Can we reverse peanut allergies?
The human immune system confers on us a remarkable ability to resist a virtually infinite number of pathogens. Our bodies come into contact with a tremendous variety of microorganisms on a daily basis, and for the vast majority of them, we do not even notice that we have come into contact with them. Our immune system allows us to resist them without any adverse symptoms at all. For the occasional microbe that causes us to consciously register their presence, disease is the result. The immune system is typically able to eliminate them as well, after a period of illness and recovery.
Allergies are the result of an immune dysfunction; the immune system perceives something as a threat and initiates a response to curtail that foreign material, when in fact no response is necessary. Allergic responses can range from moderate to life-threatening, and individuals with defined allergies can only deal with them by not coming into contact with the items that trigger them. There is significant epidemiological evidence that many childhood allergies are increasing in frequency, and allergies to peanuts are among the most common. Furthermore, peanut allergies are one of the most common fatal or near-fatal childhood food allergies.
This article in the Journal of Immunology, and found via the science blog io9.com, describes a therapeutic approach for potentially reversing a peanut allergy. Researchers at Northwestern University in Chicago utilized mice that had been challenged with peanut proteins to induce an allergic response. They then removed white blood cells from those mice, and bound additional peanut proteins to the surfaces of the white blood cells, and injected those modified blood cells into the mice. The modified blood cells induced a process called tolerization in the mice, where the mouse’s immune system becomes tolerant to the peanut proteins. Senior author of the study Paul Bryce says:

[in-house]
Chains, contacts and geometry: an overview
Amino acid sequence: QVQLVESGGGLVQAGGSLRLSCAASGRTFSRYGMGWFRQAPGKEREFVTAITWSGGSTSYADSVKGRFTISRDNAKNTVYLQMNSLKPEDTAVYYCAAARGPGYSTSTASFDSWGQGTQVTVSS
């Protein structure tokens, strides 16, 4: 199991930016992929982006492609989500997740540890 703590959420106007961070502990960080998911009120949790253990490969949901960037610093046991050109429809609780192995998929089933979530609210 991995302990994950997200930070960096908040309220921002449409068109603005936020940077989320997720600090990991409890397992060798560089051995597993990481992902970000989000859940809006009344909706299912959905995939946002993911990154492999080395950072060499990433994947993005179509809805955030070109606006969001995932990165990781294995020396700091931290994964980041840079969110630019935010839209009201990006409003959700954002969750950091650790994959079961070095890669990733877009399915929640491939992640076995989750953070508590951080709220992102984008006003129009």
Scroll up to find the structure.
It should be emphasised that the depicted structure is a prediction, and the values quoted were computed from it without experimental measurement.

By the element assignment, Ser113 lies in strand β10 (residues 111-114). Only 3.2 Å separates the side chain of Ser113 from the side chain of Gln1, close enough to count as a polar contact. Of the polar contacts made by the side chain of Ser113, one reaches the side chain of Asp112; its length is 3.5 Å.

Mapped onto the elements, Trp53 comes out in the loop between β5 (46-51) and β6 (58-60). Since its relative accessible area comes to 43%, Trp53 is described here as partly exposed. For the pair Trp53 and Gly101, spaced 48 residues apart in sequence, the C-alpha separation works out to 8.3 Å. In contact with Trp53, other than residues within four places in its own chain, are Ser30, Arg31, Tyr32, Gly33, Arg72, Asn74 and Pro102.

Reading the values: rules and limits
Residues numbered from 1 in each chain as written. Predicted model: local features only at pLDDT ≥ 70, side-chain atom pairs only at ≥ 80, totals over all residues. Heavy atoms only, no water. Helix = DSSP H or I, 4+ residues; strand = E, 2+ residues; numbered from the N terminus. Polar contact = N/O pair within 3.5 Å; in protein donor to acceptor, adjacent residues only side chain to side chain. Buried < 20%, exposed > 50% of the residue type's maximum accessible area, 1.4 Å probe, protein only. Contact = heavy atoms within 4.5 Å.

We think we’ve found a way to safely and rapidly turn off the allergic response to food allergies. T cells come in different ‘flavors.’ This method turns off the dangerous Th2 T cell that causes the allergy and expands the good, calming regulatory T cells. We are supposed to be able to eat peanuts. We’ve restored this tolerance to the immune system.
The system appears to be very effective in the mouse model, and mice were able to be fed peanuts without adverse reactions after just two treatments with the modified white blood cells. This is an impressive result, and holds significant promise for being able to treat these allergies in humans. However, there are issues with translating this to a treatment for patients. Laboratory mice are highly inbred, and human populations are not. The inbred nature of lab mice is an advantage for medical research, as it maximizes the reproducibility of experiments, however this leads to a source of significant variability when applied to people.
Avoidance is the approach that is typically used with allergy patients, however there is growing evidence that tolerization may be a useful therapy to allow patients to gradually become used to the presence of triggering foods. Patient to patient variability limits the success of this approach, plus it may be difficult to determine exactly what the trigger is in each case. In the case of this therapeutic approach, this latter point is particularly important, as success depends upon linking a purified set of triggering proteins to the patient’s white blood cells in the laboratory. The complex mixture of compounds within a given food would not lend itself easily to doing this. Still, the approach may allow patients to enjoy foods that they now stay far away from. Bring on the grilled chicken in spicy Thai peanut sauce!